Nevertheless, there were difficulties in evaluating the sources as several had data on the topic and publication year yet unreliable numerical data on similar assessments. It made it more challenging to discover accurate data among the sources. It was time-consuming and tiresome to verify their data. On the contrary, the literature review proved to be the best method because it gave a deeper assessment of the problem of the study. It gave detailed data and historical encounters with the challenge of censorship and freedom of expression in the media. It also presented methods employed to fight the problem. Ethical considerations in the research were first considered, and anonymity was maintained during the exploration. Similarly, evaluations were made on the sources to select the ones that complied with ethical considerations during their examinations.
The most chronic assaults on freedom of expression are experienced in nations with challenging democracies, new or without democracies. While half of the globe’s populace lacks an independent media outlet, nations with top media censorship include Cuba, China, Iran, Myanmar, Vietnam, and Saudi Arabia. Other nations with press restrictions are Ethiopia and North Korea. According to studies, the accounts of the press trace back to the newsletters that were evident in some Indian regions during the 16th century. Since then, Switzerland led by establishing the first news source in 1610, marking the beginning of a chain of responses (Golovchenko, 2022). Other European nations followed, such as England, France, Denmark, and Poland, followed afterward in that order.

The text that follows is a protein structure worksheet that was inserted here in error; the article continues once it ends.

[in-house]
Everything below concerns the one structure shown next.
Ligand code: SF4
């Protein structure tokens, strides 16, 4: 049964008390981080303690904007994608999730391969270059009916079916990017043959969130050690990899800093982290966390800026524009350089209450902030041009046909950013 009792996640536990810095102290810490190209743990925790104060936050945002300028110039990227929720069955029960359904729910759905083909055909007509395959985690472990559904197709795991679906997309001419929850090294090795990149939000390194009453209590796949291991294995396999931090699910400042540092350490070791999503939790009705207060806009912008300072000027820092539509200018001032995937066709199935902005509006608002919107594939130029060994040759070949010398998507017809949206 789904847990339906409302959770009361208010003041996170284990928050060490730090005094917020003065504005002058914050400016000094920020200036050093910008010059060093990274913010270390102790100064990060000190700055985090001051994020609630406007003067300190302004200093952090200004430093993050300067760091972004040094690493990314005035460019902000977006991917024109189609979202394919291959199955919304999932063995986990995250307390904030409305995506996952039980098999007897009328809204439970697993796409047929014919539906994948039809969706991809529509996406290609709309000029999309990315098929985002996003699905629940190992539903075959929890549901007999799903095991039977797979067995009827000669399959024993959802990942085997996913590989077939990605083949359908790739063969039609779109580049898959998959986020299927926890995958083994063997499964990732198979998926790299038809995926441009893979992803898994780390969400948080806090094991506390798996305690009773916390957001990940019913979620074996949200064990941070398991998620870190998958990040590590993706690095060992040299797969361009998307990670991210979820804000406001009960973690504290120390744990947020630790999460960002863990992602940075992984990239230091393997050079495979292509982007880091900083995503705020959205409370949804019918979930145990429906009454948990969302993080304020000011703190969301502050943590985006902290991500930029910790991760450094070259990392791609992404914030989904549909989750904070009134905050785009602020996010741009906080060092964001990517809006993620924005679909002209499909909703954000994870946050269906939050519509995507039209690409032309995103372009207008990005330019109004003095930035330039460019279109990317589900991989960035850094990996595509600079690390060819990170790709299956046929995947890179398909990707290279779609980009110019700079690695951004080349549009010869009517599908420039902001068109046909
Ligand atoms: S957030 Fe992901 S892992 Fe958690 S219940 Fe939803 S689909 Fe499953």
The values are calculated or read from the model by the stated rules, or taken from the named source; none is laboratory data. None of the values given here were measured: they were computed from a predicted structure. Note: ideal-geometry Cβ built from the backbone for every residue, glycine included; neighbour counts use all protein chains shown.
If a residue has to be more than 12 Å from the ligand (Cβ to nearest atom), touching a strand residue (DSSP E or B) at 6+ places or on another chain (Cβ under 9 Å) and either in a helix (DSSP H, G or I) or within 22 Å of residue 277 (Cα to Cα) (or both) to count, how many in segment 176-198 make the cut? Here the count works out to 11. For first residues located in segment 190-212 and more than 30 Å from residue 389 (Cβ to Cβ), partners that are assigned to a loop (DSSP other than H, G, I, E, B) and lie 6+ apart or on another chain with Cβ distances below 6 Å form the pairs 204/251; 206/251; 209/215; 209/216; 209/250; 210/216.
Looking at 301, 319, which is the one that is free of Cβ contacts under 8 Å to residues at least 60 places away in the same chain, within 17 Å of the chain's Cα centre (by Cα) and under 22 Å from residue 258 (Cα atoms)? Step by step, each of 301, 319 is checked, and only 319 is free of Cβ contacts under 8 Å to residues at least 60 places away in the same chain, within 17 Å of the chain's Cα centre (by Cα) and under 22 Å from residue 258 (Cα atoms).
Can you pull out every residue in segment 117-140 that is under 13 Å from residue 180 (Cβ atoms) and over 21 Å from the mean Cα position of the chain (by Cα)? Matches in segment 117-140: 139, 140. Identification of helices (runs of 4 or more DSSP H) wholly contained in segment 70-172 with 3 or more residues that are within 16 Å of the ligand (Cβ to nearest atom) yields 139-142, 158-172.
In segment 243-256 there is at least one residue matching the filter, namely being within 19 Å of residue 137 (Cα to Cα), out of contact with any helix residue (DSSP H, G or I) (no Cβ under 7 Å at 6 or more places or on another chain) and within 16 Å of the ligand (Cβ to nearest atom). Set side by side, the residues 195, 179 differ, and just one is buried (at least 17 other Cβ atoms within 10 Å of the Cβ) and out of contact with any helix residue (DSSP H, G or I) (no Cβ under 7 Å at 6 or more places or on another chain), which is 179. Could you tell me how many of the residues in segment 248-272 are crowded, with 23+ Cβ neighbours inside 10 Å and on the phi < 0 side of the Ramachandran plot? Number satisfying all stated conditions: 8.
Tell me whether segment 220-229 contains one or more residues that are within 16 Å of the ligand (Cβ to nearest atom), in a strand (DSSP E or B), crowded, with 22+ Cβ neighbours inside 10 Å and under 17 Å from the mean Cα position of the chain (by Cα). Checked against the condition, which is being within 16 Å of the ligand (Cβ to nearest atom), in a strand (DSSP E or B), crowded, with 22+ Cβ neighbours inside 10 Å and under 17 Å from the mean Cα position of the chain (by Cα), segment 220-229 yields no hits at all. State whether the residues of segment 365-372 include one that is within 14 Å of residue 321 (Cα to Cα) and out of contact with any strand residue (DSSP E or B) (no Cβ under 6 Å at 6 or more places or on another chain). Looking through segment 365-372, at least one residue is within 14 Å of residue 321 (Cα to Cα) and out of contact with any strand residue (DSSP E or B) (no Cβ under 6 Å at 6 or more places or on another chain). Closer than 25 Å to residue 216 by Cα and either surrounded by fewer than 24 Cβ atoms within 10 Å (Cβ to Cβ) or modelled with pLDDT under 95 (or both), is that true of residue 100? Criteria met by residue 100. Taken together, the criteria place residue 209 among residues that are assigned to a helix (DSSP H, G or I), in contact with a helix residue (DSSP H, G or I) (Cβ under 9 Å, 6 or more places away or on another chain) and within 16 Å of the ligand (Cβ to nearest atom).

Nevertheless, the ruling administration did not consider the rapid development of information channels and open access to all information types. To cut the dissemination of the free message, Britain introduced the Licensing Act in 1962 (Ng et al., 2021). The act remained effective until after a great plague. In addition, Germany cut its press effectively using censorship and trade limitations. It also claimed that there were limited papers to print the news. The citizens demanded a free media outlet, and a domino decree was passed in the European nations. Sweden afterward abolished the restricting policies by passing its law to guarantee free press activities.
Upon the first amendment of the U.S constitution, freedom of speech and expression was ensured, and France afterward put a declaration of the right of citizens in 1789. The bill of rights addressed the free expression of thoughts and perceptions as one of the most valuable rights of citizens. It also expressed their rights to write and publish freely. In most western nations, state-controlled censorship was banned in the 19th and 20th centuries (Golovchenko, 2022). However, colonial administrations such as Russia and Britain practice extreme censorship over their regimes. In addition, the Soviet Union suspended the most extended censorship duration in the 20th century.